Through trial and error, Shreffler learned how to handle the sewing machine. He learned how to cut the canvas. Most importantly, he figured out the order in which to sew.
“Certain flaps needed to be done first,” he said. “If you accidentally got one step ahead, you’d need to seam-rip all the stitches and do the whole thing twice.”
In less than two weeks, the wax canvas went from being a pile of loose material to surviving nine holes on Shreffler’s shoulder. With its leather reinforcements along the top and bottom on the inside, the bag featured a pocket large enough for a water bottle, a smaller “goodies” pocket and even a mesh pocket that could hold a wireless speaker or a sweatshirt. The final touch: a journal that would remain permanently in the bag for players to document their adventures.
For its debut loop Shreffler traveled 30 minutes from his home in Warren, Pennsylvania, to nine-hole Chautauqua Point Golf Course in Dewittville, New York. He had always wanted to play its lakefront layout, and this was the perfect excuse: The spirit of the bag was exploring new courses. The project passed its first test easily, and the guys in the pro shop were so impressed that they gave Shreffler a logoed ball and marker, the first entries into the goodies pocket.
It was time to introduce it to the world. Shreffler made the first Instagram post for @TravelingSundayBag on July 4, 2019. “I will be updating the bag’s travels here on this page,” he wrote, “and hopefully inspiring some of you along the way to get out there, meet new people, explore new places, and enjoy the walk regardless of score whether it’s at your local par 3 course or on a once in a lifetime trip.”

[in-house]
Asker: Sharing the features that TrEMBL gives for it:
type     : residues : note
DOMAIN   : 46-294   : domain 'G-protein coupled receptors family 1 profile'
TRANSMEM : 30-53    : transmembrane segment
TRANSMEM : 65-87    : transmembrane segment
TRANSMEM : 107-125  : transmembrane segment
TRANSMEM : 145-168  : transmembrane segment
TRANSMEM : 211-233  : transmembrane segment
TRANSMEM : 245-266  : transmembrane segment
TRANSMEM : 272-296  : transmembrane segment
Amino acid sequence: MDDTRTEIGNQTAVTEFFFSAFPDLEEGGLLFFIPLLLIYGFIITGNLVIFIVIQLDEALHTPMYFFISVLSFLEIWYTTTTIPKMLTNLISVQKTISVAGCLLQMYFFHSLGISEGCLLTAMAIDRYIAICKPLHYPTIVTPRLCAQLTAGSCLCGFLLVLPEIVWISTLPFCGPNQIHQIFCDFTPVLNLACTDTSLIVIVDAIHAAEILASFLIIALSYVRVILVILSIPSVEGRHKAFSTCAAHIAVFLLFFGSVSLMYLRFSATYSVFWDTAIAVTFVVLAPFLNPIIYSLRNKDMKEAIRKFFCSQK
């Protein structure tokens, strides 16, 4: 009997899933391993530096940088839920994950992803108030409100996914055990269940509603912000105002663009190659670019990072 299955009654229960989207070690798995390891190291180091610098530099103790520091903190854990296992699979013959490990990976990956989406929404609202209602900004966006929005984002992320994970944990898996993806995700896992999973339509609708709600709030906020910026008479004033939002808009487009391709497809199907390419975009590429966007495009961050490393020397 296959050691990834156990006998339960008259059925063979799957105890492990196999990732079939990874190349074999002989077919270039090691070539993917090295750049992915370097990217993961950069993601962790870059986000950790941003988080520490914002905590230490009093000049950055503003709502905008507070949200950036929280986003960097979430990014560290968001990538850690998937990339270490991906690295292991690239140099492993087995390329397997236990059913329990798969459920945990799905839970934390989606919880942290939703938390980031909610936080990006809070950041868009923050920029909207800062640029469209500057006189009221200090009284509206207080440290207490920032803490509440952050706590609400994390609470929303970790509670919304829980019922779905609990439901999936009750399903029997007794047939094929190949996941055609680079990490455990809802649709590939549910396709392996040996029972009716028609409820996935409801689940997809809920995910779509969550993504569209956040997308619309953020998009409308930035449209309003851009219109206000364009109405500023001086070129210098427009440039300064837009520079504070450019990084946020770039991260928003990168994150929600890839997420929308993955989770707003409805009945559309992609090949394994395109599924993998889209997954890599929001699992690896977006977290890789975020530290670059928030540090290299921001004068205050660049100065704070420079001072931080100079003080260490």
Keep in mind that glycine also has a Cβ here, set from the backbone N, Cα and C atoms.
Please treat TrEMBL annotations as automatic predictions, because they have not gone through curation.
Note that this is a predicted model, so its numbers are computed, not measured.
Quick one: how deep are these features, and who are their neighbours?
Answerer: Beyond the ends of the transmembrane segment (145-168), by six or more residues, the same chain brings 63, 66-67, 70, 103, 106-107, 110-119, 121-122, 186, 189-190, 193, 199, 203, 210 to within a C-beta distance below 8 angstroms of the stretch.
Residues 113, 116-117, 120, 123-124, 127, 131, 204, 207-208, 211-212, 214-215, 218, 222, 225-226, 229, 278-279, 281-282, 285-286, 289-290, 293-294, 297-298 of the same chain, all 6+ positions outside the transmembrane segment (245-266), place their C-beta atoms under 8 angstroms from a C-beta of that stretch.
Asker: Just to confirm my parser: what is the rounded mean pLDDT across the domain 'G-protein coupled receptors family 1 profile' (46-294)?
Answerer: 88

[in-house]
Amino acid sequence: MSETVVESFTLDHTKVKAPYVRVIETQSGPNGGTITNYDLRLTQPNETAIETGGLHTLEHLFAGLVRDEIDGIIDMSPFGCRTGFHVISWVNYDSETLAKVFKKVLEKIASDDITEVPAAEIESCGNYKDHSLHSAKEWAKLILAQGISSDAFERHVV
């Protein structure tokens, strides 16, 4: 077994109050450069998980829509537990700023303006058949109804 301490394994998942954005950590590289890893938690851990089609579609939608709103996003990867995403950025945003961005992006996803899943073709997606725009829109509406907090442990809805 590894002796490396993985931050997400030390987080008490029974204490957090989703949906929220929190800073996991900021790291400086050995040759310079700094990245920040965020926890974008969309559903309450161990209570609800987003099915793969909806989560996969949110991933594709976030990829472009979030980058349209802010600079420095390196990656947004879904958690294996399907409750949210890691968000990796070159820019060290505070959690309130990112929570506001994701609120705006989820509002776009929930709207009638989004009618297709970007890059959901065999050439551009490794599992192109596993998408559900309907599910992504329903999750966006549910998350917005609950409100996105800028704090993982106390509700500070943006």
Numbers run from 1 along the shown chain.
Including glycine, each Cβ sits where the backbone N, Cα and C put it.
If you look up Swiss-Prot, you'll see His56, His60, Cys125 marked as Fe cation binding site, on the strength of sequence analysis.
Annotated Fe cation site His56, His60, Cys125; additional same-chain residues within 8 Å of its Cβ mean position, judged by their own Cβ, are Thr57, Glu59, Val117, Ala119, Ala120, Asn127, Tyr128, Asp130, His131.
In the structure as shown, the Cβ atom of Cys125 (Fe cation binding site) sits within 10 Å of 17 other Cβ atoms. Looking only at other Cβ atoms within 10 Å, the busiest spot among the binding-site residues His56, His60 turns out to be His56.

The bag’s first trip was the latter: Community members Tilly and Snellspace took it straight to Bandon Dunes. The whirlwind hasn’t stopped since. The bag has visited more than 20 states. Author and Golfer’s Journal senior writer Tom Coyne sported it during the first-ever round played at Brough Creek National, the hand-built course outside of Kansas City, Missouri. It’s been carried in Canada and Dubai. On a trip to India, the bag was looped in Mumbai and even took part in some urban golf in the streets of Bhubaneswar. It’s been to Pebble Beach, Scotland, Sand Valley, Ireland and Bethpage. In a November 2019 Instagram post, Shreffler wrote, “When I die, please reincarnate me as this bag.”
The community has stuck to Shreffler’s rules, passing it along on time and even making emergency repairs. Earlier this year, a pocket flap was partially torn off the bag. Before sending it along, the player recruited his grandmother to sew it back into place.
“Part of the ethos of the bag is that it’s not mine,” Shreffler says. “I’m more than happy to repair it when necessary, but it’s the community’s bag.”
Pinehurst was checked off the list in September 2019, as was the bag’s first trip into the Ryder Cup Lounge. It was an honor to have my first loop with it.
“I actually hadn’t met any of those guys before that weekend,” Shreffler says. “I almost felt bad asking my fiancée if it was OK: ‘Do you care if I go to Pinehurst two weeks before our wedding and spend however much money to go play golf with a bunch of internet strangers?’”
In truth, they weren’t unfamiliar. No one who carries the bag is a stranger.